The following article was originally published in Behind the Scenes.

What Made News?

The Federal Trade Commission (FTC) recently charged two companies — Fandango, LLC, and Credit Karma, Inc. — with violating the FTC Act by misrepresenting the security of their mobile apps and failing to securely transmit sensitive personal information over the Internet. In order to settle the charges, the companies have agreed to establish comprehensive security programs designed to address security risks during the development of their apps and to undergo independent security assessments every other year for the next 20 years.

What Do These Companies Do?

Both Fandango and Credit Karma operate mobile apps — Fandango has an app for the iOS operating system that allows consumers to purchase movie tickets and view information such as show times, trailers, and reviews; Credit Karma has an app for iOS and Android that allows consumers to monitor and evaluate their financial status.

What was the Problem?

According to the FTC, both companies misrepresented the security of their mobile apps and failed to secure the transmission of sensitive personal information for millions of their consumers. Specifically, the FTC alleged that the companies failed to take “reasonable steps” to secure their mobile apps, including by disabling a default process known as SSL certificate validation — which would have verified that the apps’ communications were secure. SSL certificate validation is available to all app developers through the iOS and Android mobile operating systems and is considered the industry standard for security. Rather than using the default SSL encryption, Fandango and Credit Karma overrode the default validation process. In so doing, the FTC alleges that the companies exposed consumers’ credit card details, email addresses, and passwords to theft and abuse.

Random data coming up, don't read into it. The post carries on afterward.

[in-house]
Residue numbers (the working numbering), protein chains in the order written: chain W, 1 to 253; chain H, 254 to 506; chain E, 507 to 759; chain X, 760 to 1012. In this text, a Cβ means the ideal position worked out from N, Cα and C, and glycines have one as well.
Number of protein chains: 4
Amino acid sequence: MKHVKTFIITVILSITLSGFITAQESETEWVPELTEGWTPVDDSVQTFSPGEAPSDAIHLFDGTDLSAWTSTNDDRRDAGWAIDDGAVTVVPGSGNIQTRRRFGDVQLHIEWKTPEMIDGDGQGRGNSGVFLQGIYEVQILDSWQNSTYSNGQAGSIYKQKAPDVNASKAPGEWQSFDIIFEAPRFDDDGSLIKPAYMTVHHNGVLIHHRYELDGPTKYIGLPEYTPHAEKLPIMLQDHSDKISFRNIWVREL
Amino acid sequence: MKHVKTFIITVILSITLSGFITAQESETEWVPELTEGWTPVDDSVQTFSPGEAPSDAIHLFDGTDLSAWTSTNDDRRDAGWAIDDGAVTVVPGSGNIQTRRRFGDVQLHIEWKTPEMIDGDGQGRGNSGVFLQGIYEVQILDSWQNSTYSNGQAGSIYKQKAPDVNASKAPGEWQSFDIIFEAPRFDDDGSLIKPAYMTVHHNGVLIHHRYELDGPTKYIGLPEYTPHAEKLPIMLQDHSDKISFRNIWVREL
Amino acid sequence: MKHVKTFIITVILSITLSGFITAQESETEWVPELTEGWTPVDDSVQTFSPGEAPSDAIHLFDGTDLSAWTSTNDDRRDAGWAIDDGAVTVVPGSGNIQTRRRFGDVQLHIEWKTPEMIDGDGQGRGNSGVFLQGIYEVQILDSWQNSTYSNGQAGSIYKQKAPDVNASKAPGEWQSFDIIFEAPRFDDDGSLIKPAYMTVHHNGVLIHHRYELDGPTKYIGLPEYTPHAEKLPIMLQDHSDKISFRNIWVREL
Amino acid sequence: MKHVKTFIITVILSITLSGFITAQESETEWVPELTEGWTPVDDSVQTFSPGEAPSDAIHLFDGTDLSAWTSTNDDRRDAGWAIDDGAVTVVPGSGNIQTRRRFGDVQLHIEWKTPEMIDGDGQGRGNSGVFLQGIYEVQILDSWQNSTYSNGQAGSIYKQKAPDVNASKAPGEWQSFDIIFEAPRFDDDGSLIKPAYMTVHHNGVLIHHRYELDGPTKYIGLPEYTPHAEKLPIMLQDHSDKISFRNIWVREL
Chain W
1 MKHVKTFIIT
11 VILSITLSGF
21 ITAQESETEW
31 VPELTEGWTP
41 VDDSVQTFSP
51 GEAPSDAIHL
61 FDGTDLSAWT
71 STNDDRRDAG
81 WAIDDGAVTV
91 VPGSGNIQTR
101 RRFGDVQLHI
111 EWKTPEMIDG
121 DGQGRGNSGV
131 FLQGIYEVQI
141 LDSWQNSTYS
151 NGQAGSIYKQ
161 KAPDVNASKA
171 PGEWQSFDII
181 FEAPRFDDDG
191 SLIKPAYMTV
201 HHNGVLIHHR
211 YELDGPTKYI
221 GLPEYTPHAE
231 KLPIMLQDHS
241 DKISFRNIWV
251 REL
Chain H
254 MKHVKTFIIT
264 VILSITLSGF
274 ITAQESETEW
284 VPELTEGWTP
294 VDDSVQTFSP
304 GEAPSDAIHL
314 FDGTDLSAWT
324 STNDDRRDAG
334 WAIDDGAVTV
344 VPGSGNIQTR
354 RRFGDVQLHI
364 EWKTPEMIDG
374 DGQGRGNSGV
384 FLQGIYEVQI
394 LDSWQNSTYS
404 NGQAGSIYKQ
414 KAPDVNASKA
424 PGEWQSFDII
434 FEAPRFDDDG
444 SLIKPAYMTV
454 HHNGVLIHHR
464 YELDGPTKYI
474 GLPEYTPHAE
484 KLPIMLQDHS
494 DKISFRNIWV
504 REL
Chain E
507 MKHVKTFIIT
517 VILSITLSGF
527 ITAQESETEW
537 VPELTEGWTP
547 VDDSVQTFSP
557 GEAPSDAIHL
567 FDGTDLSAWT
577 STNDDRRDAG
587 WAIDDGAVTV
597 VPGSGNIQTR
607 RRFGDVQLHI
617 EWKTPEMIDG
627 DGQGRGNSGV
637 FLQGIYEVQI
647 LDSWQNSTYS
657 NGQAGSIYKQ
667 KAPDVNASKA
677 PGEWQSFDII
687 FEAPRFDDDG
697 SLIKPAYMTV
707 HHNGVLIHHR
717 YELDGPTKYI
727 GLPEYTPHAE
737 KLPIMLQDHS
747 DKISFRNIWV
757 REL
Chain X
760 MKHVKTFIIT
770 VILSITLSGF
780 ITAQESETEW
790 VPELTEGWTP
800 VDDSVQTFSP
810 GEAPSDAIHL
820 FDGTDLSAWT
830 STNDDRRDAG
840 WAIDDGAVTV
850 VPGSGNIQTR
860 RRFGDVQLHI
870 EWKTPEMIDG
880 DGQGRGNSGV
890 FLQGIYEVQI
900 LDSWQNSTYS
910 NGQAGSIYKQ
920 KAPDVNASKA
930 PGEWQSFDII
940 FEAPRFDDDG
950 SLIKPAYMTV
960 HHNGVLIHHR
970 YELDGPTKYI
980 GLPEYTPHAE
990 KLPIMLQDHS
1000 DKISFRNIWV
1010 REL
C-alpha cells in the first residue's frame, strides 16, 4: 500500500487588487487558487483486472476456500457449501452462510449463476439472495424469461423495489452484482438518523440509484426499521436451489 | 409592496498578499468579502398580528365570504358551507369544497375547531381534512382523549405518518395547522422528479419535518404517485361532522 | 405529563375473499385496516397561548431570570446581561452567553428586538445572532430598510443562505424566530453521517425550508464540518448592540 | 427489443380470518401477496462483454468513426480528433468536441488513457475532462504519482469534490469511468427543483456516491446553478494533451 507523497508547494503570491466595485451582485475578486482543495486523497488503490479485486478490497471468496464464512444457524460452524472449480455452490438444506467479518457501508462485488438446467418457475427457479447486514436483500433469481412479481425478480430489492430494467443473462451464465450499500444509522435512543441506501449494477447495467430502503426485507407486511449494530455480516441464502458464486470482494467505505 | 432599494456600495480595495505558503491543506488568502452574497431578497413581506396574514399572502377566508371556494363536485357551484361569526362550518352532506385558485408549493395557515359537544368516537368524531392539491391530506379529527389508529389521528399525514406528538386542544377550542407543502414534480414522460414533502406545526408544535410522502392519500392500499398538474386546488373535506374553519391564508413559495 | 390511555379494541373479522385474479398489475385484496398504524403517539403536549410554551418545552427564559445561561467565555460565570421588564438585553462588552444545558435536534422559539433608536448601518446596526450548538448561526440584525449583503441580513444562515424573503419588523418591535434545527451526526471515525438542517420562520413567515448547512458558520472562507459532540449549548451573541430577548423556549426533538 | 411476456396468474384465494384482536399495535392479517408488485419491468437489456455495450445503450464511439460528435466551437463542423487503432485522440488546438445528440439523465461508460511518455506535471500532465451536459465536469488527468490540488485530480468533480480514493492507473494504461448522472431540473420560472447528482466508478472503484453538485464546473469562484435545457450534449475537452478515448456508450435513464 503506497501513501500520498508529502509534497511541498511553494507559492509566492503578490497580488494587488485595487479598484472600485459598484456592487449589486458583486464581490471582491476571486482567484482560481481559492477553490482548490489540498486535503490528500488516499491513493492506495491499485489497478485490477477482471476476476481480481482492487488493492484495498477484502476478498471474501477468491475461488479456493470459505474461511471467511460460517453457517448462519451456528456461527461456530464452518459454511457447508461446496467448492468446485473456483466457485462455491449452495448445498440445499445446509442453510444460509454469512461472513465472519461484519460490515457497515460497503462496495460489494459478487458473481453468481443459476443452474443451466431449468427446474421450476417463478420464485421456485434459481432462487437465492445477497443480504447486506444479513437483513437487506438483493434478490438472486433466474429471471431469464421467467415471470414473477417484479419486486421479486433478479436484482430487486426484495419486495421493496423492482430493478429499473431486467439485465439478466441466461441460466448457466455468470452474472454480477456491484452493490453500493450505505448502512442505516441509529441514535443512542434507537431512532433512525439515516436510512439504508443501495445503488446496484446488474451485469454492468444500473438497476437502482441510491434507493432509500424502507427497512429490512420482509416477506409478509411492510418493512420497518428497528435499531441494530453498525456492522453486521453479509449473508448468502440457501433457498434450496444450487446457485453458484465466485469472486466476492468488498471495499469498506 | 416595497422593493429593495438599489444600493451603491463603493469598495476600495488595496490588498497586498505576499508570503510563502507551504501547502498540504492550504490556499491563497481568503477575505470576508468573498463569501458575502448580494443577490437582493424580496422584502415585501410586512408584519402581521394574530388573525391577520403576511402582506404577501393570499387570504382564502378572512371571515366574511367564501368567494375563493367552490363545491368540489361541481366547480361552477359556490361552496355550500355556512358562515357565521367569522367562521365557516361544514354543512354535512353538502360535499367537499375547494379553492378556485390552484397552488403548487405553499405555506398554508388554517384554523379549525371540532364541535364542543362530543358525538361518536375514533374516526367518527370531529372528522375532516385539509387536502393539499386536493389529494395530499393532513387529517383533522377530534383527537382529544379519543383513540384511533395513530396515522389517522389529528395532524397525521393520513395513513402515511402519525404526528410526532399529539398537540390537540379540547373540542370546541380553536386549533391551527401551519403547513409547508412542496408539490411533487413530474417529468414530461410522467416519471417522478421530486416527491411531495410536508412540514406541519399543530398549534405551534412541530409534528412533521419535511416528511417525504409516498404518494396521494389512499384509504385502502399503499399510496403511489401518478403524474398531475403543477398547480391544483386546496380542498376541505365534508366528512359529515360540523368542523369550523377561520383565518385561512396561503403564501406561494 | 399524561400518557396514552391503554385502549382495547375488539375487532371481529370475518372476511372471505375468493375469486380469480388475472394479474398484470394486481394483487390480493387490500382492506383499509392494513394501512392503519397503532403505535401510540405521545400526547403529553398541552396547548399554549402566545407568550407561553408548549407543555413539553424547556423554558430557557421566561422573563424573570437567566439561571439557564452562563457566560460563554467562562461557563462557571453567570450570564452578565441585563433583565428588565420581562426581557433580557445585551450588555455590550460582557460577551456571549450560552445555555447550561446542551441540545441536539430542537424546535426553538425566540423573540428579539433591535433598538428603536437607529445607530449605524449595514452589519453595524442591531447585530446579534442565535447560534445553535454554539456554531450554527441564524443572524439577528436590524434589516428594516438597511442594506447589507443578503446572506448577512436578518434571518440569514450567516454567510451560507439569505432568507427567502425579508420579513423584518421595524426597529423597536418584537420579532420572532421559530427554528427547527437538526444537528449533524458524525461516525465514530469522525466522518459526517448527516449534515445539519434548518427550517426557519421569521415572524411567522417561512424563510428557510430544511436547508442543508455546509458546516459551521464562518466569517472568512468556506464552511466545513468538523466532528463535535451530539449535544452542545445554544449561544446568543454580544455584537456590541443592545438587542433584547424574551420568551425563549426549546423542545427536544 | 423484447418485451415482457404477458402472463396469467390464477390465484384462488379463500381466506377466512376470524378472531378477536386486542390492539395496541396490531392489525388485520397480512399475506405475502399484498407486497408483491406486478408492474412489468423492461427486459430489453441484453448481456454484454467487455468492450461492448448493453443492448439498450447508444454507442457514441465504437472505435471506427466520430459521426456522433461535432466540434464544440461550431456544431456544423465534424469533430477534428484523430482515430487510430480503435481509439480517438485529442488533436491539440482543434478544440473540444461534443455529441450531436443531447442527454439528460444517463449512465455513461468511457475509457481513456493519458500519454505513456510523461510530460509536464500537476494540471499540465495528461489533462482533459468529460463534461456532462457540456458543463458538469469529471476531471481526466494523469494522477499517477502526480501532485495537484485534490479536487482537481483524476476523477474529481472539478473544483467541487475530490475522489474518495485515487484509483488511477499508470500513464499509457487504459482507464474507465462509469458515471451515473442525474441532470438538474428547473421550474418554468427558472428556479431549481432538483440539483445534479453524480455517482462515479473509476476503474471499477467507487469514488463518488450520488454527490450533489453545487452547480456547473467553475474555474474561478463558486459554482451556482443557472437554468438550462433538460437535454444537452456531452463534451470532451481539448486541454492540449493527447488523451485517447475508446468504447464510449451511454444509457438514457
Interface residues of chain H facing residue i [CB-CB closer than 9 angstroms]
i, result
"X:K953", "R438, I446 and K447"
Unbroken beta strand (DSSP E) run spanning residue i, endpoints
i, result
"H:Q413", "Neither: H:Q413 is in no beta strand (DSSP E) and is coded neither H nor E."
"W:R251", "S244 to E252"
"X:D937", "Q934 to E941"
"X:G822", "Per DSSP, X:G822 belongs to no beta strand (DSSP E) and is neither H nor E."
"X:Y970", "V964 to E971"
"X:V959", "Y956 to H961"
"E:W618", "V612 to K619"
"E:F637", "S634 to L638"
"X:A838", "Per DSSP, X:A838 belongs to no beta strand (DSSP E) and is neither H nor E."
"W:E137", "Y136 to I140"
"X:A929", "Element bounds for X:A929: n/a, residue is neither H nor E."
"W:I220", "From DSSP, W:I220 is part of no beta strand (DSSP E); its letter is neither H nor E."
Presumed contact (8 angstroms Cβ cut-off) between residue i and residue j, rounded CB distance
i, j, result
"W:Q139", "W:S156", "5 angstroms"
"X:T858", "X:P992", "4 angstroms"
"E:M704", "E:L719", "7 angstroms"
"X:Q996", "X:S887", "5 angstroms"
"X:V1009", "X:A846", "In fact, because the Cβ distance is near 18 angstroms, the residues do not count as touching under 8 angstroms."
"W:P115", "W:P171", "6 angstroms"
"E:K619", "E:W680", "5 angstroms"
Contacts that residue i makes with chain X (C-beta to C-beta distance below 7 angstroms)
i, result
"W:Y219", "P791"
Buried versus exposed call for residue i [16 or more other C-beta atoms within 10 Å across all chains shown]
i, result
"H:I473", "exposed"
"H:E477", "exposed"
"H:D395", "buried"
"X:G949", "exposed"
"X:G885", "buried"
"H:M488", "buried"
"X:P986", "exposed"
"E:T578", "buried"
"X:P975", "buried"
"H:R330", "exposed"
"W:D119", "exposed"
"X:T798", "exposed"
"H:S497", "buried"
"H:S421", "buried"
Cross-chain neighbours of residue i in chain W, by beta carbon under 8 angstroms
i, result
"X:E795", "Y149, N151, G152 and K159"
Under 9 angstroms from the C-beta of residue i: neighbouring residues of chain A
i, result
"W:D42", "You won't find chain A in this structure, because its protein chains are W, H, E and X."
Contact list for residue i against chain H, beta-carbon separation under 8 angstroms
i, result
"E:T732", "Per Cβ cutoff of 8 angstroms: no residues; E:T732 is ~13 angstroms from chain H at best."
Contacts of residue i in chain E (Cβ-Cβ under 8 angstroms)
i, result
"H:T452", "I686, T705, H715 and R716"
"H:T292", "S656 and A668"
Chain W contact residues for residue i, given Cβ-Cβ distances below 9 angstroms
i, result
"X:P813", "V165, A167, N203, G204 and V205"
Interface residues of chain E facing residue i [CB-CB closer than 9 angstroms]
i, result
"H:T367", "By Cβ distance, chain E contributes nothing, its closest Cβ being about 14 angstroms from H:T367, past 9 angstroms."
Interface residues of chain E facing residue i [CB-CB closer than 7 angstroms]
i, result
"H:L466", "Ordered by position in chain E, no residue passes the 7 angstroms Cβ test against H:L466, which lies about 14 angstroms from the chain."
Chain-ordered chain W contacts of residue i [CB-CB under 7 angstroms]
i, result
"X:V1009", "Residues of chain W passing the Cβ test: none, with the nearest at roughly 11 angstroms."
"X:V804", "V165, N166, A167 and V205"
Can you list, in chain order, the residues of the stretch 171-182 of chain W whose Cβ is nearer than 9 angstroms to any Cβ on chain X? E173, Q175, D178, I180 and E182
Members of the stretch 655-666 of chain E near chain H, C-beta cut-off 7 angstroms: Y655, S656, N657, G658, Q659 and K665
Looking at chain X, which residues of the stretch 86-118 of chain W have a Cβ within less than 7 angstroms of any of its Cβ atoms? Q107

Why is This Significant?

The FTC has shown a clear interest in cracking down on companies that fail to properly secure consumer data or that misrepresent their security practices. In particular, the FTC has shown a renewed willingness to use its “unfairness” authority under Section 5 of the FTC Act against companies that fail to take reasonable precautions to secure consumer data, saying essentially that it is an unfair practice to leave consumer data vulnerable to theft, even if such a theft never takes place. As mobile devices proliferate and companies collect a growing amount of data on consumers, it’s clear that the FTC will be paying close attention.

Are There Best Practices to Consider?

This settlement is a reminder that data security must be an ever-present consideration when interacting with consumer data. For companies that are building or launching mobile apps, working with networked devices such as consumer electronics that connect to the Internet, or just generally expanding their web presence, it is critical to build commercially-reasonable security measures into products from the beginning of the development process.